Hedge Fund Restructuring

Hedge Fund Restructuring

Restructuring in a Challenging Environment

A deer in headlights usually gets run over!  Hedge funds and their advisors are facing unprecedented challenges: redemptions, illiquidity of assets, poor performance, and historic market volatility. All of these factors may cause an ordinarily positive-minded advisor to want to stay in bed each morning. So what is a hedge fund and fund managers to do? Action can be broken into two parts; triage and planning for the future.

Triage. Most funds regardless of strategy have experienced redemptions, some representing a significant portion of fund assets. Redemptions, whether they be attributable to performance, leverage providers no longer providing forbearance, or investors using the more liquid strategy funds as ATM’s, forces managers to focus on one thing - creating liquidity. The reality is that unless the fund was invested in a liquid strategy, it has most likely instituted gates and/or suspended redemptions and NAV’s.

Absent the ability to raise new capital, managers must find other ways to deal with the significant amount of redemptions. The credit environment has made it nearly impossible to sell assets. Previously under-read Limited Partnership Agreements, Bylaws, and Articles and Memorandum of Association are being scoured to find creative alternatives to deal with the redemptions. Themes are emerging including creating some type of side-pocket or liquidating entity to hold illiquid assets. As these assets mature or liquidate, proceeds are paid to redeemed investors. In some circumstances, fund managers are creating funds within funds by establishing redemptive share classes. In varying scenarios, redemptive investors are allocated their proportionate share of investments which interests are then transferred into Special Purpose Vehicles (SPV’s) or held at the fund level. As the assets liquidate, investors receive their proceeds. Certain funds have informed investors that this liquidation could take several years or longer. In conjunction with creating a redemptive share class, a new share class is created to accept new subscriptions and allow the fund to put on new trades. This ensures that new capital will not be used to fund redemptions. Some funds are simply choosing to close and start over. Some skeptics believe this is to avoid the high-water-mark issues created during the past year.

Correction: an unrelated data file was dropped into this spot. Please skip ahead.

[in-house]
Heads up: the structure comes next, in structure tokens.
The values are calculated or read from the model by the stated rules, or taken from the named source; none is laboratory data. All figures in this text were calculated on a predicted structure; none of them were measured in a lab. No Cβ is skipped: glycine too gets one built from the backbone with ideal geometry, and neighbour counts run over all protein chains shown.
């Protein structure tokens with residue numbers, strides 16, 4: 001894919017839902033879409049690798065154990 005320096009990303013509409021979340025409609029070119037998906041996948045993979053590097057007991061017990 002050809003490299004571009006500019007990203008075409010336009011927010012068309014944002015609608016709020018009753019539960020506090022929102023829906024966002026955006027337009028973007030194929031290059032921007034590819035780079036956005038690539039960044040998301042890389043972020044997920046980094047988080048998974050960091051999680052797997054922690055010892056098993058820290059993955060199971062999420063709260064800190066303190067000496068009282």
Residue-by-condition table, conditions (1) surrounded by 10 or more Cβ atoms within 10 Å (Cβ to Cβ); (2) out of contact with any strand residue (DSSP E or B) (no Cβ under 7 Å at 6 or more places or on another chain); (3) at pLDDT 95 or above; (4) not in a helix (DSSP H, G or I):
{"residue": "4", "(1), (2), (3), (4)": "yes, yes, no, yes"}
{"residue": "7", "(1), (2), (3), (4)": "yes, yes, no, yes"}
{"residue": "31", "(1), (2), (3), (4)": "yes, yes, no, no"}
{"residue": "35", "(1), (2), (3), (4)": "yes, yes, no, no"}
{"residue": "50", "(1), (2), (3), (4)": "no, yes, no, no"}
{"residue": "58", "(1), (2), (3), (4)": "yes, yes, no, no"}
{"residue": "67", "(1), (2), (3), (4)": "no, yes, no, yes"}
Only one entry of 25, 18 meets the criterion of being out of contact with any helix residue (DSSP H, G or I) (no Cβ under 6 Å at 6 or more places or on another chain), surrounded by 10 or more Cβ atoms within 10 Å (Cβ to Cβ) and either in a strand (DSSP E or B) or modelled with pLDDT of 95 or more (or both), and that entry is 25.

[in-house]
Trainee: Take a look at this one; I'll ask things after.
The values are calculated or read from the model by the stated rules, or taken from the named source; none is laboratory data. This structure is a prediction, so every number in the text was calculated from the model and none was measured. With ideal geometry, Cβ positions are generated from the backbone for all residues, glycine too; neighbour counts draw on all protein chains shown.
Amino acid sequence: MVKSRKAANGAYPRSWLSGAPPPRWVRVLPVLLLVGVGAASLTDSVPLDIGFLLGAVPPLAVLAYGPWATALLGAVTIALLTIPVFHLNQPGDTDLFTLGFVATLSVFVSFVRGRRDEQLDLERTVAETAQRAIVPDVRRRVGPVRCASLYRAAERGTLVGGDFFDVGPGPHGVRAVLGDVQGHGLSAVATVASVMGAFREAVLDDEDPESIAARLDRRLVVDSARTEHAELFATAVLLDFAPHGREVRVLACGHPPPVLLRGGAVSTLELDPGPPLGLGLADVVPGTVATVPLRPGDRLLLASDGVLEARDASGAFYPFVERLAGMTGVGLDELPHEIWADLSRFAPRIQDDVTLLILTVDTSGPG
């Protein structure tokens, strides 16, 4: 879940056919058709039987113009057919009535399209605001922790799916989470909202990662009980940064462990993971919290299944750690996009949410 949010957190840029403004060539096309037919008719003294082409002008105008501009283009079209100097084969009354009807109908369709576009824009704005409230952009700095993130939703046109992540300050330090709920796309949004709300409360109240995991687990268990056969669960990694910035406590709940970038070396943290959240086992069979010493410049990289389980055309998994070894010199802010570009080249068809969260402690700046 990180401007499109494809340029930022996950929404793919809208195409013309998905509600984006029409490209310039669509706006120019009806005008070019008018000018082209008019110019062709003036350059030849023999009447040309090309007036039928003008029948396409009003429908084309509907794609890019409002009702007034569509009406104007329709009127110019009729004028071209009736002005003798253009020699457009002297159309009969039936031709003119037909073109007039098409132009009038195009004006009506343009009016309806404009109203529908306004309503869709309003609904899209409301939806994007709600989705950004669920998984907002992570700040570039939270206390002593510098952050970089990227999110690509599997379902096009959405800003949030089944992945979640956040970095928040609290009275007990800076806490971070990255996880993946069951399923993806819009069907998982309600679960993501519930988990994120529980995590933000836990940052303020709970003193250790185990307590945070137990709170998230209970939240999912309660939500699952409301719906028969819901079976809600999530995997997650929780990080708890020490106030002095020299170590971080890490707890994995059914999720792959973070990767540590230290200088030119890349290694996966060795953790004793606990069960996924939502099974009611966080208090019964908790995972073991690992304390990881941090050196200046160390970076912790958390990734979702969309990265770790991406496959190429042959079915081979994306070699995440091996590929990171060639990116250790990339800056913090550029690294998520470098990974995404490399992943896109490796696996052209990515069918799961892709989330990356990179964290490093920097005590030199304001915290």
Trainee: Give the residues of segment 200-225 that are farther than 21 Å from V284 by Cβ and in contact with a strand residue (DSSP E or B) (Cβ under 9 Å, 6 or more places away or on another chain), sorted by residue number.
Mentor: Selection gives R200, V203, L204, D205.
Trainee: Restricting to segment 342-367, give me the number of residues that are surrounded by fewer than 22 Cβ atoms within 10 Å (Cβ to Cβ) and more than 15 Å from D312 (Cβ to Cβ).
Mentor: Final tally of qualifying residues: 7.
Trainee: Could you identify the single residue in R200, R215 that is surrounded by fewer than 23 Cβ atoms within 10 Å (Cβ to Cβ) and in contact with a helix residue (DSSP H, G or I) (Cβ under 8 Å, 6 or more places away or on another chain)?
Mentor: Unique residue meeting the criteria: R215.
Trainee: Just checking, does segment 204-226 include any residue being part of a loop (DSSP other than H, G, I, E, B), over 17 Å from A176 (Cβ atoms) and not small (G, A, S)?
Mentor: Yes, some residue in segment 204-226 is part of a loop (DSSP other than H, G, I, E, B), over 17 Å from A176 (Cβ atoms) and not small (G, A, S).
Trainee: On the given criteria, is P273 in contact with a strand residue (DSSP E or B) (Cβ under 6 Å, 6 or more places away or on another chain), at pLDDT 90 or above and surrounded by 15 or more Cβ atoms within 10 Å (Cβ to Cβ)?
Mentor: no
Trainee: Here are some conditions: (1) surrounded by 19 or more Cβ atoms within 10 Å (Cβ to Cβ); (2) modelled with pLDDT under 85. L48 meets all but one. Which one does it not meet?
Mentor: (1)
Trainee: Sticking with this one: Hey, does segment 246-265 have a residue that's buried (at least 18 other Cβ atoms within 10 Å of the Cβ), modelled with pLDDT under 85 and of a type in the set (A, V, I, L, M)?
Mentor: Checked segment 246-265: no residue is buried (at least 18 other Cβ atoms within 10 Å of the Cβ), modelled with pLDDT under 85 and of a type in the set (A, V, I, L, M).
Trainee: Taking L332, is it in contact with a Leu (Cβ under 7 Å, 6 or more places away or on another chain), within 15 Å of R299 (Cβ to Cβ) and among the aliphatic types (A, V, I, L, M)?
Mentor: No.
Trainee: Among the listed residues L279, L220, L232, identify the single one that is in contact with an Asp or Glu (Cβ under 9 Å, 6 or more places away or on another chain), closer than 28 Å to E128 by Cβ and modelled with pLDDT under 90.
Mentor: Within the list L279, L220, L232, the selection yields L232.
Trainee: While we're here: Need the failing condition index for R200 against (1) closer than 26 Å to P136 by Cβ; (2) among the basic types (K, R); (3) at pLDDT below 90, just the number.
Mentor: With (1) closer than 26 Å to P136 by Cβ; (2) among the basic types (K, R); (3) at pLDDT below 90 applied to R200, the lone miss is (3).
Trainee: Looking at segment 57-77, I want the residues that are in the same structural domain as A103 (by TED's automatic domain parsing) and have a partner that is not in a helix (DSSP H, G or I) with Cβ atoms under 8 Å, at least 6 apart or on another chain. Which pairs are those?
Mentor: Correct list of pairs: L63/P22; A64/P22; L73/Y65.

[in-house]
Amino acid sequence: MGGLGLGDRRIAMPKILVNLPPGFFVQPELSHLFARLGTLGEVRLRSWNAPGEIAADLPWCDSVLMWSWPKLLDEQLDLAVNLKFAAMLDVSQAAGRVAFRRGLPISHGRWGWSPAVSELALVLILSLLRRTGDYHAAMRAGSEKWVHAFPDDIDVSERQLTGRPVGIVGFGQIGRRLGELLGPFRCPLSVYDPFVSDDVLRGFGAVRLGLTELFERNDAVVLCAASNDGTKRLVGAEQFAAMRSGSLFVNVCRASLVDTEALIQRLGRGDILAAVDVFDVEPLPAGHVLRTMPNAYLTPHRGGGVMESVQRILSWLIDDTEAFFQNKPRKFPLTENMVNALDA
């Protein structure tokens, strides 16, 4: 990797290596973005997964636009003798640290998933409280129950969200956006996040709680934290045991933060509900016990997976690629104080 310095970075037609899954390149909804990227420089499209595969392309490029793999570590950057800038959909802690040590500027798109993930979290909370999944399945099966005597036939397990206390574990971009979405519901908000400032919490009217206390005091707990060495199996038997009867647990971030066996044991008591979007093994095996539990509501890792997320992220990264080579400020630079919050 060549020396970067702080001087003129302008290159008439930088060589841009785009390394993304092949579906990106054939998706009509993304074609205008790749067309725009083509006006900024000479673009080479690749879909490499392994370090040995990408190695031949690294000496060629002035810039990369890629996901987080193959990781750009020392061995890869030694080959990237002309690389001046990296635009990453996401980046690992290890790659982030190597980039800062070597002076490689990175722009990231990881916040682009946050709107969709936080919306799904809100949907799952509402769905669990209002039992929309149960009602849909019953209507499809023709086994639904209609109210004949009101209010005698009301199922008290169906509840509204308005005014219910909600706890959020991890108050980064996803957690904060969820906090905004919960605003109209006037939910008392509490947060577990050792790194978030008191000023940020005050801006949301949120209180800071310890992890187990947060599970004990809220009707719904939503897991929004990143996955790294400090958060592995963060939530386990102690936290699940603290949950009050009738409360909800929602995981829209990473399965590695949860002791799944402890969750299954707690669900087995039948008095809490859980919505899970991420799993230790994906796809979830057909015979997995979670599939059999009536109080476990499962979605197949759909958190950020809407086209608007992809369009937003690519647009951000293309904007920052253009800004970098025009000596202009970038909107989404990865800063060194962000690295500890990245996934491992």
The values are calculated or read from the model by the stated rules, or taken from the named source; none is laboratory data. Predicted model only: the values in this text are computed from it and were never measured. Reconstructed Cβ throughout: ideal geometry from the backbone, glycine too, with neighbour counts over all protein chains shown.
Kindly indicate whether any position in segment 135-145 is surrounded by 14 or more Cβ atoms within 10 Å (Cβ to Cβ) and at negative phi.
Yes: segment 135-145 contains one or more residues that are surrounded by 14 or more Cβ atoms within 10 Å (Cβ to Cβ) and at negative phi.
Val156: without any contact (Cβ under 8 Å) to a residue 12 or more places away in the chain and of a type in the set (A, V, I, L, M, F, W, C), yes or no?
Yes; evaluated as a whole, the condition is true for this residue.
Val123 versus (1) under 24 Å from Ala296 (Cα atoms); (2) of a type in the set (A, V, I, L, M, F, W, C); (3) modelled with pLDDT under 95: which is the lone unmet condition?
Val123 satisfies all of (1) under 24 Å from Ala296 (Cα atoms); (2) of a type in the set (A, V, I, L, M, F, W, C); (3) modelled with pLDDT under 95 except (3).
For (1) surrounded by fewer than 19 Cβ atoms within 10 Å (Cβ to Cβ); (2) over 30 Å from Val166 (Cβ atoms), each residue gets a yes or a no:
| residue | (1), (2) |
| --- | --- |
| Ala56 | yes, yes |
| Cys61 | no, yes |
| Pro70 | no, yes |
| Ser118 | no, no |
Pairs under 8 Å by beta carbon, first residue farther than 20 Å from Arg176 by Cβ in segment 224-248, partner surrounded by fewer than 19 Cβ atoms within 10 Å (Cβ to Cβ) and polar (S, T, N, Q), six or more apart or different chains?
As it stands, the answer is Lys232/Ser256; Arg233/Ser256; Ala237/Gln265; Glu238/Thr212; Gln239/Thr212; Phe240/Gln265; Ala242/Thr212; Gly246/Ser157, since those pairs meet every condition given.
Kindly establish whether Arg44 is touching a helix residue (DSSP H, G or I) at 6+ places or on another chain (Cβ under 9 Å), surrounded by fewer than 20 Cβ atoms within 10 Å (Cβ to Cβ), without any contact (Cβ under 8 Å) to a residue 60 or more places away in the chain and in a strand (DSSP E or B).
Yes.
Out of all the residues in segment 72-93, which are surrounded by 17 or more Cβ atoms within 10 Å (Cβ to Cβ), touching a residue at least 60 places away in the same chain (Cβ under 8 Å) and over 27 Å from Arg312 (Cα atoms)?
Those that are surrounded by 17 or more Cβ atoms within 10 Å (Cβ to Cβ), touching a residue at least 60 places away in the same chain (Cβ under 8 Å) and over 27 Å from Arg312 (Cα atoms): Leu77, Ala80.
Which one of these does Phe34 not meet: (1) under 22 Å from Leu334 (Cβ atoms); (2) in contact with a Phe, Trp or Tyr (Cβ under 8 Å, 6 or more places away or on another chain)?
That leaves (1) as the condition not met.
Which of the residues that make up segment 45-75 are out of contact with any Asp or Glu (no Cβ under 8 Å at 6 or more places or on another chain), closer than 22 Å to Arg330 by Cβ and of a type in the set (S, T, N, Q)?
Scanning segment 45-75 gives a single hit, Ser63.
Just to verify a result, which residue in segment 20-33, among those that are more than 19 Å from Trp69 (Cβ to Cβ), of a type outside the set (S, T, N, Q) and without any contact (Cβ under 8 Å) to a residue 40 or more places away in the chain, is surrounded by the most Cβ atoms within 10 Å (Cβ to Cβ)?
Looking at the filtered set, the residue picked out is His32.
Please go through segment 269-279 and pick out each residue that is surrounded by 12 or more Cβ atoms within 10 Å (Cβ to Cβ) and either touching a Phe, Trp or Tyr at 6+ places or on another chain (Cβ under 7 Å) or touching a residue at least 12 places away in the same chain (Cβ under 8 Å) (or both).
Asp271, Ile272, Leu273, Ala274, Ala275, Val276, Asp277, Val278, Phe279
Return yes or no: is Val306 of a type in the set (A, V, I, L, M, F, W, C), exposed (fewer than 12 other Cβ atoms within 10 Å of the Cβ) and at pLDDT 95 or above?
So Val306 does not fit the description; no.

Managers are reaching out for help beyond the usual fund advisors. Investment banks and advisors are becoming a good source of capital and exit strategies. There is money in the market looking to invest in both illiquid and distressed assets. In addition, new investments are bringing the expected higher yields with better quality collateral as one would expect in a tight credit environment. Matching willing buyers and sellers requires fund managers to think outside the box.

The Future. So who has survived so far? Funds with no leverage that generally provided complete transparency and put down good relative or absolute returns received fewer redemptions. Funds with fewer fund-of hedge funds as investors fared better if only due to the fact that the majority of FOF’s were levered and were forced to redeem to pay off their leverage. These funds, while shaken, are well positioned for growth. Many have lost significant AUM and are seeking alternatives for new capital or mergers with other fund advisors. The market has seen an increased number of parties interested in purchasing funds and their advisors. Many fund advisors are sorting through the emotions of selling the firm and what the future would hold for them under such an environment. Some are faced with the difficult decision of taking additional seed capital in exchange for a portion of their business. In all these situations, advisors should seek advice on valuing their business and the alternatives available to them. For those managers whose funds have closed, seeking strategic partnerships may be an alternative to begin the process of rebuilding your business. For fund managers that want to start anew, understanding the new structures that investors are seeking, including hybrid closed-end funds with callable periods and tails, is essential. And throughout, better transparency will be a requirement, as well as dealing with any additional regulation that will be imposed on investment managers as a result of current and pending legislation.